Dell EMC says only 11% of bizs believe data protection solutions adequate for future
Dell EMC says the research, which surveyed 2,200 IT decision makers from both public and private organizations with 250+ employees across 18 countries and 11 industries, presents information on the state of data protection and the maturity of data protection strategies. Specifically, the index uncovered an increase in the average amount of data managed – from 1.45 petabytes (PB) in 2016 to 9.70PB in 2018 – and a high awareness of the value of data.
According to the report, in Canada, 97% of respondents see the potential value of data and 33% are already monetizing their data. However, most respondents are struggling to properly protect their data. Dell EMC says the combination of these factors is driving many of the survey’s findings.
Disruption incidents are costly
The report says more than three-quarters (76%) of respondents globally experienced some type of disruption within a 12-month period, and 27% were unable to recover data using their existing data protection solution. In Canada, 72% of businesses experienced a disruption in the last 12 months, and 16% percent experienced irreparable data loss.
Coincidently, 76% of respondents worldwide are also using at least two data protection vendors, which makes them 35% more likely to experience some type of disruption during the same 12-month period, compared to those with a single vendor. Canada is below average, experiencing less disruption with only 71% of businesses using two or more data protection vendors and making them 41% more likely to experience some type of disruption during a 12-month period. Unplanned systems downtime was the most common type of disruption for Canadian businesses (54%) using two or more vendors, followed by ransomware attack that prevented access to data (17%) and data loss (39%).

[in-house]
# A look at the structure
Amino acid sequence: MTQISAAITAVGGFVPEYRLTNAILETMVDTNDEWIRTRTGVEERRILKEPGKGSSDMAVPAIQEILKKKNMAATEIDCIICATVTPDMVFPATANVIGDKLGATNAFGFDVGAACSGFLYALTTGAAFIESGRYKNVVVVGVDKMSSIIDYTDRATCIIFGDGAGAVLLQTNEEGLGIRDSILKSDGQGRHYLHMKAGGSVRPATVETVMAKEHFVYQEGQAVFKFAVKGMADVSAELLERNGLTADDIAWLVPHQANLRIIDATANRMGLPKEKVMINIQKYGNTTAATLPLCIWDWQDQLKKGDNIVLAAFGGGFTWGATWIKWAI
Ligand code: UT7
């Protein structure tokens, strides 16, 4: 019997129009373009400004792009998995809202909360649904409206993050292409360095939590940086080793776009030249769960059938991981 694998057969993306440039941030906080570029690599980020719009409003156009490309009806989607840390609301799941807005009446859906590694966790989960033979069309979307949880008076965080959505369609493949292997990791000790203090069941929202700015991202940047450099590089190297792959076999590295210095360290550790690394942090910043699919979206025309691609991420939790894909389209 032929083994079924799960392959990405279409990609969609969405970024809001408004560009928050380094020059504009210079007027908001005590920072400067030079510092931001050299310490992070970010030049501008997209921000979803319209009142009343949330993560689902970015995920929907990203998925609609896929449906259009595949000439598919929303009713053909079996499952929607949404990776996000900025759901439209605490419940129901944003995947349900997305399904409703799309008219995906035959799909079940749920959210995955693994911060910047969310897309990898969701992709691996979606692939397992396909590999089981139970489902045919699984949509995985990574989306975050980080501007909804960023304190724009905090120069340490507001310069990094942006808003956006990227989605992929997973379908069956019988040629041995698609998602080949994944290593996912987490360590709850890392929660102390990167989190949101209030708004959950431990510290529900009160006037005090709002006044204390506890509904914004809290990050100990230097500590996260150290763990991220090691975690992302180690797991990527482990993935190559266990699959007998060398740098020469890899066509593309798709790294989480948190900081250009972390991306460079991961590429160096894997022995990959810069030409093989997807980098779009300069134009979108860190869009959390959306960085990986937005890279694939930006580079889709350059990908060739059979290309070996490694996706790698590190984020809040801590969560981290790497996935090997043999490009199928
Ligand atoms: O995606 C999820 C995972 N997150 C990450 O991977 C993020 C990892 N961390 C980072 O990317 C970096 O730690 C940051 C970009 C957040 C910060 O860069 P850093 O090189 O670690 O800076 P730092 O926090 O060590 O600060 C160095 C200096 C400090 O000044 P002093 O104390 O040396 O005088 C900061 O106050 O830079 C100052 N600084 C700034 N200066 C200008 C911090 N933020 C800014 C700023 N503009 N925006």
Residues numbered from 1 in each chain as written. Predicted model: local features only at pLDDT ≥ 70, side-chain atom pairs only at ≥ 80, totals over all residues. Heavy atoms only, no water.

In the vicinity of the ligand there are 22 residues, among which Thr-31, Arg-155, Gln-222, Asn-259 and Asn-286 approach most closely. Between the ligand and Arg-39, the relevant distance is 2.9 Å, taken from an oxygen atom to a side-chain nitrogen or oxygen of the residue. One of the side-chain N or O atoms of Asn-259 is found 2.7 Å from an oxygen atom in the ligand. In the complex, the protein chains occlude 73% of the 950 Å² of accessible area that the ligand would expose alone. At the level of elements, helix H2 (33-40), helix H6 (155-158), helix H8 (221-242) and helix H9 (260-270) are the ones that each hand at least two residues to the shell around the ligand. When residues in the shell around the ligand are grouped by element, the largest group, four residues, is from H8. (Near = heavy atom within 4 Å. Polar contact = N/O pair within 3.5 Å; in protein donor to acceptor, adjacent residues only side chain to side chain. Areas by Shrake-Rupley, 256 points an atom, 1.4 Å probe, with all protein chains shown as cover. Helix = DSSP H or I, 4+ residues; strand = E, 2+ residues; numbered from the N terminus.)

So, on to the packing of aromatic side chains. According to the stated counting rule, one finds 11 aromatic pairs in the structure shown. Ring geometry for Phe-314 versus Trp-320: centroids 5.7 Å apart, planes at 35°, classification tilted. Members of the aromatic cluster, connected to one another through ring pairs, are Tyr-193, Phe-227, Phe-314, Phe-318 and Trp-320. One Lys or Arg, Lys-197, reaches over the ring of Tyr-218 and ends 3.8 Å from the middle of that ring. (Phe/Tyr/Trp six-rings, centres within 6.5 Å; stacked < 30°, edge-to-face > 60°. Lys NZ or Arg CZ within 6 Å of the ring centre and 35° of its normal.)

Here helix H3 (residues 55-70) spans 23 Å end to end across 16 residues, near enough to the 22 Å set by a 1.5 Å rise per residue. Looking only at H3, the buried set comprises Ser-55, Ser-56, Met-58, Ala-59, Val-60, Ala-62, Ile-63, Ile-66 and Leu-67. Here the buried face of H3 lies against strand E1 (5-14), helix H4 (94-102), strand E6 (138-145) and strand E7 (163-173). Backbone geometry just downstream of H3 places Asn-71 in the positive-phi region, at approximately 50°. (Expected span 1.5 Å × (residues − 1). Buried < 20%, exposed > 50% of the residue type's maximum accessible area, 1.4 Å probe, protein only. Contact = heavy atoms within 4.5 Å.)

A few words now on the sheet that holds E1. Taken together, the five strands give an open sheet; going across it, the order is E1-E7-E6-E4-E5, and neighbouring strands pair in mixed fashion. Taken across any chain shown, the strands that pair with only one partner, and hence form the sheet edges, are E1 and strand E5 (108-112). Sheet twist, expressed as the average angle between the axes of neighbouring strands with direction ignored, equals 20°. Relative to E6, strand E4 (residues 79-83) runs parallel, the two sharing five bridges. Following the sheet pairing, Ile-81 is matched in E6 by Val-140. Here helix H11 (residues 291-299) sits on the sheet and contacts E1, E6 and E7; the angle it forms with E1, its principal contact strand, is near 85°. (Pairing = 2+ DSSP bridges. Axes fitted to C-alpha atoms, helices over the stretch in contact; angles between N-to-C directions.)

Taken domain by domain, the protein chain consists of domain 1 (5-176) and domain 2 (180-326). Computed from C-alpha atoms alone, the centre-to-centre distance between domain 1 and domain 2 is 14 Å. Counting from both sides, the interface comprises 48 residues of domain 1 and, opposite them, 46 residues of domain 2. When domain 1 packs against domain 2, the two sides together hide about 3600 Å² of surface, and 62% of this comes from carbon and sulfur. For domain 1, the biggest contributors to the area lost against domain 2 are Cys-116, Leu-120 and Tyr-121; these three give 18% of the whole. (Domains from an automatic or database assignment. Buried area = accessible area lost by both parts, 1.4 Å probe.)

Dell EMC argues that although unplanned systems downtime is more prevalent, data loss is far more expensive. For example, those in Canada who encountered downtime experienced 25 hours of downtime compared to the global average of 20 hours in the last 12 months, costing Canadians approximately $584,615, while those who lost data lost 6.15 terabytes on average with a price tag of nearly $1.2 million. Additionally, many of those who experienced a disruption also indicated it had far-reaching business impacts from customer trust to brand equity to employee productivity. 73% of Canadian organizations said they take data protection more seriously for categories of data that have the greatest monetary value.
Challenges surrounding data protection
According to the report, the majority (88%) of Canadian respondents face at least one challenge in relation to data protection. The top three challenges Canadian business face include:
1. The lack of data protection solutions for emerging technologies (ranked 2nd globally)
2. Ensuring compliance with regulations like GDPR, the EU’s new data protection rules (ranked 3rd globally)
3. Ballooning costs of storing and managing backup copies due to rapid data growth (ranked 1st globally)
Also, nearly half of Canadian businesses said they could not find suitable data protection solutions for artificial intelligence and machine learning data, which is just below the global average of 51%, while cloud-native applications and IoT appear to be more of a struggle to protect for Canadian businesses, representing 61% and 25% compared to 47% and 40% globally.
Only 11% of Canadian businesses, compared to 16% globally, believe their current data protection solutions will be able to meet all future business challenges.
Cloud is changing the data protection landscape
According to the report, public cloud use has increased from 28% of the total IT environment in respondents’ organizations in 2016 to 40% in 2018, on average. Nearly all (98%) organizations using public cloud are also leveraging it as part of their data protection infrastructure, including Canada at 97%.
The top use cases in Canada for data protection within public cloud include:
1. Cloud-enabled versions of on-premises data protection software to protect public cloud workloads (ranked 4th globally)
2. Protecting specific SaaS apps (ranked 3rd globally)
3. Backup of on-premises workloads/data (ranked 2nd globally)
4. Long term retention (not ranked in the top 5 globally)
5. Archiving (not ranked in the top 5 globally)
65% of Canadian respondents named scalability options as important. Specifically, 39% cited the impact of data protection infrastructure or services required to protect at scale, while 42% cited the ability to scale services as public cloud workloads increase.